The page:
During the year 1990, the Berlin Wall was pulled down-mainly by the borderline troops of the GDR-army (Nationale Volksarmee, NVA), who had guarded it since 1961. Most Berliners-politicians as well as other citizens-were overjoyed with the disappearance of the monstrous buildings and eager to return to a normal life in a normal city without the fences and controls-they wanted to forget.
Opposing this very obvious reaction, the Historic Buildings Conservation Department, to which I belong, tried to protect parts of the Wall as monuments of history. Several rather small sections were listed, among them one of 210 metres length at the Bernauer Straße, on a former cemetery.
Our customary procedure is to approach an old building as near as possible to make its value visible („Vergegenwärtigung“). In this case our arguments had to amplify the distance between our contemporaries and the monument, to make them believe in the sense of its preservation („Distanzierung“). This was difficult and only partially successful. How was a protected section to be dealt with? Preserving it raw and unchanged and keeping the image of its violence visible means to interfere continuously, even to restore the disintegrating concrete. Would this promote “memory”? Not to interfere means, that in their natural succession lower plants and finally birches and other trees will overgrow the death-strip and transform it into a wilderness. Would this promote “oblivion”? And would not both offend once again the dignity of the graveyard already profaned by the construction of the frontier?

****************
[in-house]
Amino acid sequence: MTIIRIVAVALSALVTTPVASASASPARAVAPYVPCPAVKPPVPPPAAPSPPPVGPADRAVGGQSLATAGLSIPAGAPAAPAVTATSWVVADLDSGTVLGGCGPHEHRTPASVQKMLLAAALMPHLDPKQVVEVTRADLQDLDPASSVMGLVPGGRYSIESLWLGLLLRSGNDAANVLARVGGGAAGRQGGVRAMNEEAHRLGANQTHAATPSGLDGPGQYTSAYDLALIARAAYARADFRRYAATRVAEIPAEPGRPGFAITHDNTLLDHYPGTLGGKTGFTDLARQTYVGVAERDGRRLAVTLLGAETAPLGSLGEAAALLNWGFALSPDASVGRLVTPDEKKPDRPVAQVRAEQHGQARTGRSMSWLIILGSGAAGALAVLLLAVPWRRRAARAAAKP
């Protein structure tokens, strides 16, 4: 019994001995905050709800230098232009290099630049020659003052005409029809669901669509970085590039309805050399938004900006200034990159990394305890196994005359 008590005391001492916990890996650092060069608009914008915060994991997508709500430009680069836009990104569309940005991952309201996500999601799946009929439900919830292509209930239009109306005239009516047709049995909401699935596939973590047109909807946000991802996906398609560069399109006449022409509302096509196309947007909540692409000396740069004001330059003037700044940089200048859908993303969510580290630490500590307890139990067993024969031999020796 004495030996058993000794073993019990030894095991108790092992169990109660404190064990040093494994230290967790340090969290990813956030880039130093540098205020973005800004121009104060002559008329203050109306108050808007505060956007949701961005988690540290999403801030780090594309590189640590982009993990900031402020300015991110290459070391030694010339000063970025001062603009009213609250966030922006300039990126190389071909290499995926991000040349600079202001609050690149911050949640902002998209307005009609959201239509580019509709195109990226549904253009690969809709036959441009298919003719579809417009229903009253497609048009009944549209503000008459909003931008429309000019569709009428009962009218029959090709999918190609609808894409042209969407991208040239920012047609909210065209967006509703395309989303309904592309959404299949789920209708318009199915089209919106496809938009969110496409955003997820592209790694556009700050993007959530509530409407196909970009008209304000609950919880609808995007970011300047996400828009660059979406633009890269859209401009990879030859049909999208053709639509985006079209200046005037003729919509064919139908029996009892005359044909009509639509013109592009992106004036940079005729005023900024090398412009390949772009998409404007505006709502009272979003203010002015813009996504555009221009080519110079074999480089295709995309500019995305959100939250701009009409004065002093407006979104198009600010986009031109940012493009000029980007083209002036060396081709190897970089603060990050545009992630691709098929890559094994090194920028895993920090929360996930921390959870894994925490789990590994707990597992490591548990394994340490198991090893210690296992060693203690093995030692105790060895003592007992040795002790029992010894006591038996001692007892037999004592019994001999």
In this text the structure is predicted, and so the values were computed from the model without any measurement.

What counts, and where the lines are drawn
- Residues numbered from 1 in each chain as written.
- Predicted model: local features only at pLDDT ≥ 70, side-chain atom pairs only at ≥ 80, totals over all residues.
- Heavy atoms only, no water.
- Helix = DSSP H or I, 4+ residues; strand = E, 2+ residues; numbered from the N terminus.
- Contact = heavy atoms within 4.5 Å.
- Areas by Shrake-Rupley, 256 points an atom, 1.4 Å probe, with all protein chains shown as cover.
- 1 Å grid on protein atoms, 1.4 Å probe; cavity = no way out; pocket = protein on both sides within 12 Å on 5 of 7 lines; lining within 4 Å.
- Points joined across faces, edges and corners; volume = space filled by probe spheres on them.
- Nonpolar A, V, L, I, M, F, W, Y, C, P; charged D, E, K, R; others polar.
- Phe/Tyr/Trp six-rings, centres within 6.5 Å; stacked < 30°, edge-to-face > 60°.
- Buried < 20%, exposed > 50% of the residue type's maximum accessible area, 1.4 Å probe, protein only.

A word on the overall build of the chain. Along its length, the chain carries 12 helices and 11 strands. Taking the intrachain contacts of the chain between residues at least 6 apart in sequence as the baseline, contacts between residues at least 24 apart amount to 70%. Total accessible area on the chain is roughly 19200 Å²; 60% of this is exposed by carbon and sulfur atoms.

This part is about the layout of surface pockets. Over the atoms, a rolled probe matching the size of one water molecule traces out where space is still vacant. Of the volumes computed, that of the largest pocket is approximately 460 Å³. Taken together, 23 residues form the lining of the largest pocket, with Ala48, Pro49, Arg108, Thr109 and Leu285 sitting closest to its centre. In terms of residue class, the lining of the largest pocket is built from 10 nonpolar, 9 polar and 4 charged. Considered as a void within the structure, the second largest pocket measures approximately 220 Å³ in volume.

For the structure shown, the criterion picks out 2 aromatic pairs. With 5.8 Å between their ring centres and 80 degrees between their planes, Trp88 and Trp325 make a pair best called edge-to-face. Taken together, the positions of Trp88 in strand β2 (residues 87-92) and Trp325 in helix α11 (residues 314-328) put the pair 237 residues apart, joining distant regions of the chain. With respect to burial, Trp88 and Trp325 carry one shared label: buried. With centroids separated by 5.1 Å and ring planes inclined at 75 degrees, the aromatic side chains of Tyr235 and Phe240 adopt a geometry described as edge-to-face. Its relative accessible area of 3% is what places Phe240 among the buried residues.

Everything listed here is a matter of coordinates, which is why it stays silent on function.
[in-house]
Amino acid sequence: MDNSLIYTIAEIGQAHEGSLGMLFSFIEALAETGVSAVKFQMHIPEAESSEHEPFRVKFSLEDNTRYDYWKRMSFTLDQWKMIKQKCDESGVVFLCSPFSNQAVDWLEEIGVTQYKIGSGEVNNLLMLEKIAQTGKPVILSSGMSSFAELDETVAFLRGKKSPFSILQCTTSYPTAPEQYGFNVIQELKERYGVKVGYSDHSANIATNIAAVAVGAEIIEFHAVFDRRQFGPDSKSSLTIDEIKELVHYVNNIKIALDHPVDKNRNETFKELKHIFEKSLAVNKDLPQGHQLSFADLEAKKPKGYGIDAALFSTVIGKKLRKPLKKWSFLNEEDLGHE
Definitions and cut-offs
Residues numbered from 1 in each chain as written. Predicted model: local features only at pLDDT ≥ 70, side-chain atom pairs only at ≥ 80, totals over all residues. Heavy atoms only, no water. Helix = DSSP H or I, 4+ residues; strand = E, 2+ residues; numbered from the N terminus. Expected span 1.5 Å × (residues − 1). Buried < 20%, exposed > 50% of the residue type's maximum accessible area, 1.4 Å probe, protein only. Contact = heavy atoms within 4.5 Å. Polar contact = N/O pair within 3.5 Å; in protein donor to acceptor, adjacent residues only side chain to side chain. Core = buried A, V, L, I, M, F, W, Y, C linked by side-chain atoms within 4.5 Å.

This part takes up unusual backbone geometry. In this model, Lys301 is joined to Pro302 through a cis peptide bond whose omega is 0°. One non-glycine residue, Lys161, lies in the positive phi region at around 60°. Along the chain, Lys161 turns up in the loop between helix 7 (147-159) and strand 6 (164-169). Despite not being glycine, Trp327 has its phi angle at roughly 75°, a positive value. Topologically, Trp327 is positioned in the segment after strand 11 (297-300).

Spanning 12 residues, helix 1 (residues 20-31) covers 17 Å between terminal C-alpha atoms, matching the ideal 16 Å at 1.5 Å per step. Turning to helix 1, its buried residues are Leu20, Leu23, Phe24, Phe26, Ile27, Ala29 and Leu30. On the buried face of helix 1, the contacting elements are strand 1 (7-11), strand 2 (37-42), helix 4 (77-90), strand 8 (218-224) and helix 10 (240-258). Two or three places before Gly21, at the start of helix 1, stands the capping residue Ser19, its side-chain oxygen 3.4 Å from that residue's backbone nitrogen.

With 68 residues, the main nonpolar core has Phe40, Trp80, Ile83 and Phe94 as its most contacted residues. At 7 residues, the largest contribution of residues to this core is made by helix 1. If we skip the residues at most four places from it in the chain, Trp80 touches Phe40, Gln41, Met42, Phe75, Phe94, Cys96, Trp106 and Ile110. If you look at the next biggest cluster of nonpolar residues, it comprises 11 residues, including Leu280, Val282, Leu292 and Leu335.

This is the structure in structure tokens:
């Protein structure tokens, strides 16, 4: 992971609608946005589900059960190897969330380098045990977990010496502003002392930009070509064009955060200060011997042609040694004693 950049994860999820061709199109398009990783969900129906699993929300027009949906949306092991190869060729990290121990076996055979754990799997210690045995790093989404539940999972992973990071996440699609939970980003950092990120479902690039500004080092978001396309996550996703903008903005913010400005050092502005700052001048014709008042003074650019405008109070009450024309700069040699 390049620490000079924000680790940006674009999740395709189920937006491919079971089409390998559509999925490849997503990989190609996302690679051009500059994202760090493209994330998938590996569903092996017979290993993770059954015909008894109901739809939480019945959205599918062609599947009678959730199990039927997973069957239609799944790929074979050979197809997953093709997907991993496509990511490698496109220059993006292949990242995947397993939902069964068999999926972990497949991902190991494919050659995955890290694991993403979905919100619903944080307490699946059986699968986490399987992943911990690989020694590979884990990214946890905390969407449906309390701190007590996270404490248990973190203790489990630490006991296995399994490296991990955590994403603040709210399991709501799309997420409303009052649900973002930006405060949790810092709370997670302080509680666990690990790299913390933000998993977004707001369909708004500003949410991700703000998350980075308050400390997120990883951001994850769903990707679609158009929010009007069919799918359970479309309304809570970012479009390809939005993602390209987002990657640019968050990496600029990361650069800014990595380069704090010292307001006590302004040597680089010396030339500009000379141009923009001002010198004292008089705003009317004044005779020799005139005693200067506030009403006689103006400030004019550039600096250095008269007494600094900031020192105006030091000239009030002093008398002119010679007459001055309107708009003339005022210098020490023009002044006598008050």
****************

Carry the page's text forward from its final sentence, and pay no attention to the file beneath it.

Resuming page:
An artist’s and architect’s competition held in 1994 was meant to bring forward a solution, and it did, but no one is really happy with the chose prize winner. In the meantime, even without any programmatic decision, nature and time began to transform the monument’s perception. It hurts less. Should we try to stop this process, perhaps by some work of art, a creation, that sums up the memories of oppression, fear and seclusion, and recreates the same feelings in every visitor? Or do we need appeasement by time and nature to be able to begin with our work of remembrance?
Recently, the project of a young artist has been much discussed: Angela Bohnen proposes to mark the outer and inner borderlines-and thus the space cut out of the city by the frontier-with coloured concrete-beams, embedded into the pavement of streets, sidewalks, and into the plots following the Wall through the inner city. Could this be an alternative to the failing preservation of the real Wall? Can the Wall re-appear in the artist’s work?
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